a, Left, tumour volumes of sensitive and resistant cell xenografts in untreated NU/NU (Crl:NU-Foxn1nu) mice established by subcutaneous injection of 2 × 106 cells into both flanks. Animals were euthanized when tumours reached 1,500–2,000 mm3. Data are mean ± s.e.m., n = 4 per arm. Right, immunoblot analysis of total and phosphorylated ALK in TAE-resistant xenograft tumours (1 and 2) and sensitive and resistant cells in culture. b, Dose–response curves for TAE684 in sensitive and resistant cell lines established from the same tumour xenografts as in a (IC50 values: sensitive, 7.9 nM; resistant, 878.6 nM). Data are mean ± s.d., n = 3 biological replicates. c, Tumour volumes (left) and Kaplan–Meier survival curves (right) of resistant cell xenografts in NU/NU (CrTac:NCr-Foxn1nu) mice treated with TAE684 (10 mg kg−1 by oral gavage once daily) or vehicle control for up to 56 days. Data are mean ± s.e.m., n = 8 per arm. P values determined by Mann–Whitney U test for tumour volumes (P = 0.8404) and by log-rank test for Kaplan–Meier survival analysis (P = 0.8076), both two-sided. d, Dose–response curves for TAE684-sensitive and -resistant cells treated with ceritinib (IC50 values: sensitive, 33.8 nM; resistant, 446.5 nM) or lorlatinib (IC50 values: sensitive, 47.5 nM; resistant, 2,318 nM). Data are mean ± s.d., n = 3 biological replicates. e, Immunoblot analysis of the indicated proteins in sensitive and resistant cells treated with DMSO or 1 μM TAE684 for 6 or 24 h. f, Electropherograms of ALK kinase domain sequencing in sensitive and resistant cells. Arrows show the F1174L mutation characteristic of Kelly cells. HEK293T cells were used as a control for sequencing wild-type ALK. g, Phosphoproteomic analysis of a panel of receptor tyrosine kinases (RTKs) in sensitive and resistant cells. Each RTK is shown in duplicate and the pairs in the corners of each array are positive controls. Numbered RTKs with corresponding names listed on the right represent the highest-phosphorylated proteins. ALK is depicted in red. h, Quantitative reverse transcription PCR (qRT–PCR) and immunoblot analysis of ABCB1 and ABCG2 multidrug transporter expression in sensitive and resistant cells. The qRT–PCR data are means of n = 2 biological replicates. In a (immunoblot), d, f and g, data are representative of two independent experiments (see Supplementary Note 1 for details; for gel source data, see Supplementary Fig. 1).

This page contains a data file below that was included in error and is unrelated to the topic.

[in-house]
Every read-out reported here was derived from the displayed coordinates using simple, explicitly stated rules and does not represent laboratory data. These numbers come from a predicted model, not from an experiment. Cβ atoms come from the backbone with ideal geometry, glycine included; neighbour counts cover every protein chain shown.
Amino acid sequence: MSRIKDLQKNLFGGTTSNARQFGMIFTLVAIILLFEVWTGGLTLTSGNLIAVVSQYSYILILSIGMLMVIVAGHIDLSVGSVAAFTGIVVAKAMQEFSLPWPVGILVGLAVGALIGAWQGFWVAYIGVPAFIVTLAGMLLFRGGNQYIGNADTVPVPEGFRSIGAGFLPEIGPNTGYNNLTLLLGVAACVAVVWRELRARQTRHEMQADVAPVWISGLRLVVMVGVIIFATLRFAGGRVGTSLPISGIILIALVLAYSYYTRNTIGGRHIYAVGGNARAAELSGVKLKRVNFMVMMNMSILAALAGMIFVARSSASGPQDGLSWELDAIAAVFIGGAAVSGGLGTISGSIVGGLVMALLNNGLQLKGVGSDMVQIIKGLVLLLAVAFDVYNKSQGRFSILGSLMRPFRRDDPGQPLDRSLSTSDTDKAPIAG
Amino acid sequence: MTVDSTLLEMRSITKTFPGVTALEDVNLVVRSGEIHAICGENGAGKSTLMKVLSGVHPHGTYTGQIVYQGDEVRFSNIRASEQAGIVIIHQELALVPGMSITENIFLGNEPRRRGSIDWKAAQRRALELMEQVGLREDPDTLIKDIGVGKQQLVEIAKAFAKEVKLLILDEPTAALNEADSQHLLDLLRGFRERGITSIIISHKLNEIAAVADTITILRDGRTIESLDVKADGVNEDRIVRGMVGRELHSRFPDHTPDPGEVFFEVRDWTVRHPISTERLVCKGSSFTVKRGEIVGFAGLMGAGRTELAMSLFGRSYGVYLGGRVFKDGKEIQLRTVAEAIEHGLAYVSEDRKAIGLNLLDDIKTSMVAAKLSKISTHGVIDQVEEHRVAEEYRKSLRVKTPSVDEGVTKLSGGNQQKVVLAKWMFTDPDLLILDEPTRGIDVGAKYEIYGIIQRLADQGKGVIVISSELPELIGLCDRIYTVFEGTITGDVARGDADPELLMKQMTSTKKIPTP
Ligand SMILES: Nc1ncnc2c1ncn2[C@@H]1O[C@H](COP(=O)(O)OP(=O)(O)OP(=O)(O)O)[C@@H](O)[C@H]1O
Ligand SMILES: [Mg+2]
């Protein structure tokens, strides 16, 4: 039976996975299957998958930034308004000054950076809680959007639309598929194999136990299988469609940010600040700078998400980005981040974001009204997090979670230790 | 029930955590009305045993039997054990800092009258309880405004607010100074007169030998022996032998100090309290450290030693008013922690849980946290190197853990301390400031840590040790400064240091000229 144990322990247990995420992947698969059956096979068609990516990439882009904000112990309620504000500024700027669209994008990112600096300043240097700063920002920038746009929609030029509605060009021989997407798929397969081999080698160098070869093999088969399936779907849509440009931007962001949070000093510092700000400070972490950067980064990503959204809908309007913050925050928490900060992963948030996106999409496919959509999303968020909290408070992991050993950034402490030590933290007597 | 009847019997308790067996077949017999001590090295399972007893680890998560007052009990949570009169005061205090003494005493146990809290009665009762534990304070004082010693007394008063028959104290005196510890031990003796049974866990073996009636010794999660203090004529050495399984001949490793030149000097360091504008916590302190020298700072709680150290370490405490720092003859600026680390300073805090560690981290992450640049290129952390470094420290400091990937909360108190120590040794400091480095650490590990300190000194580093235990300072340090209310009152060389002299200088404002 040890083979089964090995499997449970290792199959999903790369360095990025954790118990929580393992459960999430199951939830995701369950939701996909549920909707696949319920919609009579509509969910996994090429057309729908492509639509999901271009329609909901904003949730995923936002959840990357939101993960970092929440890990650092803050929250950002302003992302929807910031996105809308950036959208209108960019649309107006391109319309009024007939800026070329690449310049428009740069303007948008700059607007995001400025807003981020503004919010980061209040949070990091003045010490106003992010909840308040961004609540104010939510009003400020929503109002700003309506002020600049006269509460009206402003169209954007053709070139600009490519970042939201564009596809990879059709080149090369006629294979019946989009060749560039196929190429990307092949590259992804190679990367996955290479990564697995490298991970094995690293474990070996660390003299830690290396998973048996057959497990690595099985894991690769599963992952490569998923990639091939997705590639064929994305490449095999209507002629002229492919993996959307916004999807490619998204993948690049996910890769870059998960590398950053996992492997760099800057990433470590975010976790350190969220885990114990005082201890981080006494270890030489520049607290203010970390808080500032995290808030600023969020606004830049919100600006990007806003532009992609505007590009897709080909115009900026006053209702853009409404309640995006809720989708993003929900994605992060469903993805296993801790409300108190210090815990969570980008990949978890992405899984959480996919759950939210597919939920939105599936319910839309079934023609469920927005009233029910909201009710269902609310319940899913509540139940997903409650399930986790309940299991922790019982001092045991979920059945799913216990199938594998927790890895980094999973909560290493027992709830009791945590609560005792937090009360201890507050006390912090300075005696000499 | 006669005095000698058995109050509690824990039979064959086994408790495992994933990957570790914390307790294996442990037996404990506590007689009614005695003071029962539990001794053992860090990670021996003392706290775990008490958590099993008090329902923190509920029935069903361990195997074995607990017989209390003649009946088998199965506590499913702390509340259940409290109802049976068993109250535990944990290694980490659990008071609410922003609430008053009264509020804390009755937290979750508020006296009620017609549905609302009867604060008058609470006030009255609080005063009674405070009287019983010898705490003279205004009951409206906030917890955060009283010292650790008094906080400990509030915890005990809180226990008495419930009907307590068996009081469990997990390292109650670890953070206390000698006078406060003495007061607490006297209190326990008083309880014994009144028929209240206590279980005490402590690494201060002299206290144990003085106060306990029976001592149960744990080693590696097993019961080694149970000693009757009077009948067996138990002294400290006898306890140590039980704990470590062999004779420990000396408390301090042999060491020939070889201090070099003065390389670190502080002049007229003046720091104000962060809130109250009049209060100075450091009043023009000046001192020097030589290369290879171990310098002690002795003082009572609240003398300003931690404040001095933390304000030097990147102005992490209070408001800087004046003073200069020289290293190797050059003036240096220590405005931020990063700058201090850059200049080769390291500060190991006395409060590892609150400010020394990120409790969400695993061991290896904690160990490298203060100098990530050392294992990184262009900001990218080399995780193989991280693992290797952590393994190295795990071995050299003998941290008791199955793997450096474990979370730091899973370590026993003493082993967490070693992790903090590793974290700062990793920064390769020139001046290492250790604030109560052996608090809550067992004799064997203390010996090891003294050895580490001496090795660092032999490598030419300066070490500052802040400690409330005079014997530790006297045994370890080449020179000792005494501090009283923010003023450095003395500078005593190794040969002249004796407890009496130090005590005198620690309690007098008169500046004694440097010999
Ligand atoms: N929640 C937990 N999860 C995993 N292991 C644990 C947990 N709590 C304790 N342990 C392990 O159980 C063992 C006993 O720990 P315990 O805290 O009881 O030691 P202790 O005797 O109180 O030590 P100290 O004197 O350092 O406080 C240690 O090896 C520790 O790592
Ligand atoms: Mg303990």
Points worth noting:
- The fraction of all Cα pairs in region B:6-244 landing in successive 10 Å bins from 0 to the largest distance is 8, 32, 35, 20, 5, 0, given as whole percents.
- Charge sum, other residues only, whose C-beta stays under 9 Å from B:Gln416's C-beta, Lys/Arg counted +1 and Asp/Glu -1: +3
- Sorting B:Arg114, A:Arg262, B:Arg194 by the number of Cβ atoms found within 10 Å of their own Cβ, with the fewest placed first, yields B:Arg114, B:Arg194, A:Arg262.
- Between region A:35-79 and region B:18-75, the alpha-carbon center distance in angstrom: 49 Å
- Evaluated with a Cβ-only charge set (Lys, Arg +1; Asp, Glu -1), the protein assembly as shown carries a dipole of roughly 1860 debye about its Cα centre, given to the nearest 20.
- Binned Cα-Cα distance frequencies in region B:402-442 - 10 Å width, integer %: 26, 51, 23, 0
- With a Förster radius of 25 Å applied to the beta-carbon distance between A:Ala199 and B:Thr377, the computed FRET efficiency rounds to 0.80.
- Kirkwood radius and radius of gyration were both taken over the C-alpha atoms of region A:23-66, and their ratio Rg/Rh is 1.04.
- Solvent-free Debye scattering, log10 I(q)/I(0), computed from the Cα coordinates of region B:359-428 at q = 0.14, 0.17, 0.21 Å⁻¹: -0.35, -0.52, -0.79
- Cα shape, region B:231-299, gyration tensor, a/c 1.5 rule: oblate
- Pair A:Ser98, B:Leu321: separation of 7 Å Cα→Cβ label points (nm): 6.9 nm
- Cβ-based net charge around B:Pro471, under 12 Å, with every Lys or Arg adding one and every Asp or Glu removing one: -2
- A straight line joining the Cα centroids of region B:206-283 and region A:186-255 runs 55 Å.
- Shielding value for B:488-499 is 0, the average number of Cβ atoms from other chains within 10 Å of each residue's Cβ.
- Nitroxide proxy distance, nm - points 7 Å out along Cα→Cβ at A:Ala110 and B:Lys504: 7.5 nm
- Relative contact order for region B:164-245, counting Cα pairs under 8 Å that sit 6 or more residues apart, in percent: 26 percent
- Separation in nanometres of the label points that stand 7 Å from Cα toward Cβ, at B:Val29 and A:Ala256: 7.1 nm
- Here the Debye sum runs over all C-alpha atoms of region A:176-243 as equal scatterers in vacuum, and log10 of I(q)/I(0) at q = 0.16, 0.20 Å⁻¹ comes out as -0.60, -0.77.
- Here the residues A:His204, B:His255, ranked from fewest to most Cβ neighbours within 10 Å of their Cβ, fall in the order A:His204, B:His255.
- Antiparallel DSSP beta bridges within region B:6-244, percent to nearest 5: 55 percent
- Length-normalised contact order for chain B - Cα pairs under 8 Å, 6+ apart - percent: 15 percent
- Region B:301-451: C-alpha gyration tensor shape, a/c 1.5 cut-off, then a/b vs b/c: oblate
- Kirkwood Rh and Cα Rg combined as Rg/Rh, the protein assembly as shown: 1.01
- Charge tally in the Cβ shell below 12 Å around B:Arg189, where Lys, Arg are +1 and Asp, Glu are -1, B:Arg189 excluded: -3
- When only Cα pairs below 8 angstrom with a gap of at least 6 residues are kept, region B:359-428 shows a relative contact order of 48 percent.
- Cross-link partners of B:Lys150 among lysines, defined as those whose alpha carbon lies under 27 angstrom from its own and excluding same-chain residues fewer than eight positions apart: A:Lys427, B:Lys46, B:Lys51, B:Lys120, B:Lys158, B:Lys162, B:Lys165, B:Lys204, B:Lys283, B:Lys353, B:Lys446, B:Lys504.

Extended Data Fig. 3 Development of resistance is associated with loss of MYCN followed by gradual induction of proneural transcription factors.